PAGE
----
06 July 2011

Eleanor's Secret

Eleanor's Secret (2009, Kérity, la maison des contes) is a rather charmingly-animated French film about books and the stories they contain.

The story begins with the young boy Natanaël (Nathaniel), his sister Angelica, and their parents driving to the town Kérity, where the home of their recently deceased grandmother, Éléonore (voiced by Jeanne Moreau), is located. As they approach the road sign for Kérity, Nat asks how much further, and Angélica mocks him that, if he could read, he would know that they're almost there.

At the house, Nat and Angélica's parents read them a letter from Éléonore in which she leaves Angelica a doll and Nat the key to her secret room. When Nat opens it, he is dismayed to find that it a simple study with a library attached containing all the books she used to read to him.

That night, a storm damages the roof of the home, and the family decides that, since they don't have the money to fix it, they'll have to sell. Feeling more attachment to the house than the library of books, Nat offers to let the family sell the books to a local pawn shop dealer so that they can raise the money for repairs. His father tells him to at least go and pick out one book to remember Éléonore by, and Nat again enters the library. This time, small people begin to peer out of the books from various books and fairytales like Little Red Riding Hood, Jack and the Beanstalk, and even Alice and the White Rabbit from Nat's favourite story, Through the Looking Glass. It is revealed that Nat is the new keeper of their stories, and must read a magic phrase in order to keep them alive for future generations. However, when it comes to light that Nat cannot read, the Wicked Fairy calls him an imposter and, using her magic, shrinks Nat down to their size.

The antiques dealer arrives and scams the family, claiming that the collection of first editions are "too old to be worth anything" but that he'll let them know if he manages to sell any of them. Nat is too small to stop it, and ends up riding with the other characters and their books to the dealer's shop. There, Nat decides that Éléonore must have entrusted the books to him for a reason, and sets out on a journey to return home and read the magic spell to save the day. He is joined by Alice, the White Rabbit, and the man-eating Ogre.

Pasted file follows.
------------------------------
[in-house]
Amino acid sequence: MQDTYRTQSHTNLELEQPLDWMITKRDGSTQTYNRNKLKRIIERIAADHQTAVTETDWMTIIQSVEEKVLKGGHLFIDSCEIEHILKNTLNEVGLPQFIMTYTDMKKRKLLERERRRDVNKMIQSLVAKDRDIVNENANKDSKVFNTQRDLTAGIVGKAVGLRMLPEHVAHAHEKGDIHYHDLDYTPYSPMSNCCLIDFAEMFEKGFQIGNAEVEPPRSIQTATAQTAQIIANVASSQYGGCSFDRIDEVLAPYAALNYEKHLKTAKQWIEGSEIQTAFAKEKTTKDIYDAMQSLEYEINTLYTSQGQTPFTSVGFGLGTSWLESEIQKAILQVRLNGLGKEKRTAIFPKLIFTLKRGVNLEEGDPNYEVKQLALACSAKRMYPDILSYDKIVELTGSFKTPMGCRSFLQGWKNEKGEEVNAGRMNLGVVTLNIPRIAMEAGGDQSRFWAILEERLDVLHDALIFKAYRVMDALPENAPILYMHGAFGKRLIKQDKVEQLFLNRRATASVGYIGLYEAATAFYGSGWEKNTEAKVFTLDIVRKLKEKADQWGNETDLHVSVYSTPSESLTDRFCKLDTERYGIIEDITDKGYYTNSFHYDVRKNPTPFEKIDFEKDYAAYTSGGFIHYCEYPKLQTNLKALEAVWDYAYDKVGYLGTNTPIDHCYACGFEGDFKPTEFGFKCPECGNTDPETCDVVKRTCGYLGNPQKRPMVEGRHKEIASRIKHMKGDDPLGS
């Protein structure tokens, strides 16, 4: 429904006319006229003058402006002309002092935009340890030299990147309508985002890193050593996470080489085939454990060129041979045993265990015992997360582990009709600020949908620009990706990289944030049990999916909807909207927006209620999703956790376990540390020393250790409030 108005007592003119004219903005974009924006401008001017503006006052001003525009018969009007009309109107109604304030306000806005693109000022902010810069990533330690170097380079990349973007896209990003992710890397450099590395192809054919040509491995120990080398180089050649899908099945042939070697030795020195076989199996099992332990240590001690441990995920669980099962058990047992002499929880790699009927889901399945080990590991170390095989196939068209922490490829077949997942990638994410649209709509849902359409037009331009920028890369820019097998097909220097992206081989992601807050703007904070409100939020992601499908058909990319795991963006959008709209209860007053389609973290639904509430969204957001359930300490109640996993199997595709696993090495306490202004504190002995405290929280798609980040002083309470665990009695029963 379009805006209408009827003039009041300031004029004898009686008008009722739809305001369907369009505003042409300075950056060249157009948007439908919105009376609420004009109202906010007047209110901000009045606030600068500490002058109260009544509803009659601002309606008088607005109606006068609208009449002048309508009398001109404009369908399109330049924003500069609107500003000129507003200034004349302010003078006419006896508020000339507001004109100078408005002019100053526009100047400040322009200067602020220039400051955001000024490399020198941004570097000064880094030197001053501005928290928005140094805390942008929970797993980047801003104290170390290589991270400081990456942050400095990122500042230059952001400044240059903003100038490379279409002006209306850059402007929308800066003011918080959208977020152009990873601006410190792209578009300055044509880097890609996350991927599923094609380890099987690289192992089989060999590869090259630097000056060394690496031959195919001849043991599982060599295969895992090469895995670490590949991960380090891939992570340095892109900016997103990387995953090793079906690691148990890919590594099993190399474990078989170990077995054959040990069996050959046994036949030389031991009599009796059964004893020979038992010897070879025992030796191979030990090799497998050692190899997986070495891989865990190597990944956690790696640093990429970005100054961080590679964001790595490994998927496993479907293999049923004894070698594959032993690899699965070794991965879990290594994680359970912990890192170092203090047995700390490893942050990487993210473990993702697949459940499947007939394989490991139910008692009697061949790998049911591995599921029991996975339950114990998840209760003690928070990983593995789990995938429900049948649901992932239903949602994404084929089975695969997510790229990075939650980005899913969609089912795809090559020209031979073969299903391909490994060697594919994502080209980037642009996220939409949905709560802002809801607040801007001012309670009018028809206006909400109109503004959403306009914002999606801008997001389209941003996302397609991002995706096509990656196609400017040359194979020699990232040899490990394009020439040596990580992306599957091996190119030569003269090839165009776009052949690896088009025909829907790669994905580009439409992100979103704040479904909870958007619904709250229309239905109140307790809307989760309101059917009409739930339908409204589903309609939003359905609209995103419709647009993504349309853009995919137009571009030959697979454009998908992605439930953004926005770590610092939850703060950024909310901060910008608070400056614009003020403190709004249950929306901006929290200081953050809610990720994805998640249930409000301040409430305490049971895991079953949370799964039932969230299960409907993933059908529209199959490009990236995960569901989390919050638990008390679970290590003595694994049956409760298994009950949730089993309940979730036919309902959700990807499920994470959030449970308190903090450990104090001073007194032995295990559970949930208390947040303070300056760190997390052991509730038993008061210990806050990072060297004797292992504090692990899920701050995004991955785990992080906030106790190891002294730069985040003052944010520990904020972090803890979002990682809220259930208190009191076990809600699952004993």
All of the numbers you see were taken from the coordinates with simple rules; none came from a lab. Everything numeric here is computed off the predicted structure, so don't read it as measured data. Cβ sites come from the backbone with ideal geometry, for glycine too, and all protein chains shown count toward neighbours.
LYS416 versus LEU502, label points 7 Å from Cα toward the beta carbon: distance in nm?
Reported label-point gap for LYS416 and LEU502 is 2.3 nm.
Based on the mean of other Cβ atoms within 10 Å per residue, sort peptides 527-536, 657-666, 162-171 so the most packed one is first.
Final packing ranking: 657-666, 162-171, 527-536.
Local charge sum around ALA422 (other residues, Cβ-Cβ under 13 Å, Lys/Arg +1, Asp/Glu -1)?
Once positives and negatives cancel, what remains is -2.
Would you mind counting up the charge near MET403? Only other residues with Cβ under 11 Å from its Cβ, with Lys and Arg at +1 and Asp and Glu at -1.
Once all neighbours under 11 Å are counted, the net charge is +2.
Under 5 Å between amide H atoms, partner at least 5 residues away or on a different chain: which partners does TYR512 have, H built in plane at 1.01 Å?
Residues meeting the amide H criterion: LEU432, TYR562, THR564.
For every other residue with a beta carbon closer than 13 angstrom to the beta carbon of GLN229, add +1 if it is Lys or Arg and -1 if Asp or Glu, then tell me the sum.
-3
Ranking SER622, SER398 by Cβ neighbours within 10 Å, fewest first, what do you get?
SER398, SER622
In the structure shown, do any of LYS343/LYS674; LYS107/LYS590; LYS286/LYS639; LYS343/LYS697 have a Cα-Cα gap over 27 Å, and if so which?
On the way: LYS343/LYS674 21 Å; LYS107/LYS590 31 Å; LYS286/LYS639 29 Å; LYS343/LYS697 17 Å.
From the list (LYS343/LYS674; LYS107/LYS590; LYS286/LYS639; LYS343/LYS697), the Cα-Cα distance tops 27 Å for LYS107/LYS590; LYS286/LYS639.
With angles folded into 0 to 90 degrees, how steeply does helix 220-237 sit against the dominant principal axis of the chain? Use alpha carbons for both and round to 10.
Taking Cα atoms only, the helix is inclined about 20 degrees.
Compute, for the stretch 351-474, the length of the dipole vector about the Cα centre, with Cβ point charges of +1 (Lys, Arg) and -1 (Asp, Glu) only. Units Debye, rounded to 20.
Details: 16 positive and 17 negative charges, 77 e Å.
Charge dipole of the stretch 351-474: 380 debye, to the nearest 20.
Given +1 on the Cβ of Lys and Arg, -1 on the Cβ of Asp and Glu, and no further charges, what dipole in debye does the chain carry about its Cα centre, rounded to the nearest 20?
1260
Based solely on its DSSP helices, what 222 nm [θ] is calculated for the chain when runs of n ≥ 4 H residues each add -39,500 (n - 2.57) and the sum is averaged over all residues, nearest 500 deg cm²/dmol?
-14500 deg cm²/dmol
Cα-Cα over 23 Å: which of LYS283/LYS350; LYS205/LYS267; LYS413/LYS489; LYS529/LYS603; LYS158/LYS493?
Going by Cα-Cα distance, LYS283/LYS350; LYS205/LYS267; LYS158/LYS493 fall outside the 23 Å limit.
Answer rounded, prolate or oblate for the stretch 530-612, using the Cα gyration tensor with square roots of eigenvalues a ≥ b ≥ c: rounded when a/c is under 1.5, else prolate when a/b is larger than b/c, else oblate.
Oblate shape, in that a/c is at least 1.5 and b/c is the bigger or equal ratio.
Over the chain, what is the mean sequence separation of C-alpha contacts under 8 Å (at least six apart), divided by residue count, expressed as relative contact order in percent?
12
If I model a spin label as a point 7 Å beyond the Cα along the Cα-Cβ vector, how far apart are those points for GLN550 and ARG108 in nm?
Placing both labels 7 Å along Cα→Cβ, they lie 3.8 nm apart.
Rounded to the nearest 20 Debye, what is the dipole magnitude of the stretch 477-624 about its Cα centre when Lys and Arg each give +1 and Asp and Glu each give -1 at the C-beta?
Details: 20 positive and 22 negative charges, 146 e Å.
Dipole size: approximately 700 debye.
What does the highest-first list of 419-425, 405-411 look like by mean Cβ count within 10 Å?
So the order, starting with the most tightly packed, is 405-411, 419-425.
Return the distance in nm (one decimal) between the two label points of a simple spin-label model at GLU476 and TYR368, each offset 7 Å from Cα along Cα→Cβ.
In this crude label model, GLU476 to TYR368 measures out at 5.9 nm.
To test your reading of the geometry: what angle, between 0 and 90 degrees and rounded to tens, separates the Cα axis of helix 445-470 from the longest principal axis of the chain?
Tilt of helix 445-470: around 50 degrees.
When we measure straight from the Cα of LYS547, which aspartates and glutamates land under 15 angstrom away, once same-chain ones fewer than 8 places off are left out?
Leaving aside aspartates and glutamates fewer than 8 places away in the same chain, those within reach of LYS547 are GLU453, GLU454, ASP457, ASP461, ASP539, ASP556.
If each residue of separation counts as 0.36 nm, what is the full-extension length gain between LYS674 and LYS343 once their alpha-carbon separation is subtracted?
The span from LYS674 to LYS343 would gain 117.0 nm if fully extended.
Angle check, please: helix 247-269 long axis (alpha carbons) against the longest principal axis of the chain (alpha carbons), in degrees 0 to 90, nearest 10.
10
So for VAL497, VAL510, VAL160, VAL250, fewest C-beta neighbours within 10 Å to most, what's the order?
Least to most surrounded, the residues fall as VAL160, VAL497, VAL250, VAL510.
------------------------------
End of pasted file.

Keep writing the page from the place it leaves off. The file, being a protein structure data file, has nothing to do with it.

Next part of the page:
Animation and Characters
This film was directed by veteran Disney animator Dominique Monfery, and I'm not surprised. The animation is good, but nothing revolutionary. There is an interesting use of text to shows Nat's anxiety of not being able to read, but it was already done (and perhaps even more inventively) five years earlier in an episode of Paranoia Agent. So it you're really big on cutting edge animation, this isn't going to wow you, but everything is done skillfully and I applaud it for that.

Perhaps more interesting are the character designs, as they showcase an interesting illustration style. Perhaps the best character design is the weasel of an antiques dealer, whose moustache is wonderfully expressive. In some ways, the art style reminded me a little bit of The Secret of Kells, but both certainly have their own divergent feels.

Still, The Secret of Kells seems like an interesting film to pair with this one. Both are children's movies with strong literary references. However, I feel like Kells was a bit more subtle and nuanced, while Eleanor's Secret was a bit more heavy-handed in its pro-literacy message.

Could have gone deeper
All-in-all, I liked the film, but I felt like it stopped a little short and didn't fully take advantage of what it had going on plot-wise. In the beginning, Eleanor's Secret seemed to be exploring ideas of grief through the death of Éléonore and Nat's subsequent shame at still being unable to read. Some of those early, more interestingly animated scenes definitely captured the stress and emotional turmoil Nat was feeling by using his fear of his own illiteracy as the jumping point.

However, once the tiny fairytale figures appeared, his grief seemed to all but disappear, and the adventure story took over too much. The end felt too neat and convenient. By saving the stories, everything else magically fell in to place. They even find money elsewhere to fix the house. I guess I just wanted it to keep a bit more of the darker tinge that the film started with. It could've been a great film about dealing with death and grief, but it seemed to take the easier path.

At any rate, it was still a fun movie, and I think an excellent choice for anyone looking for a film to show their kinds that will help instill in them a love of books.

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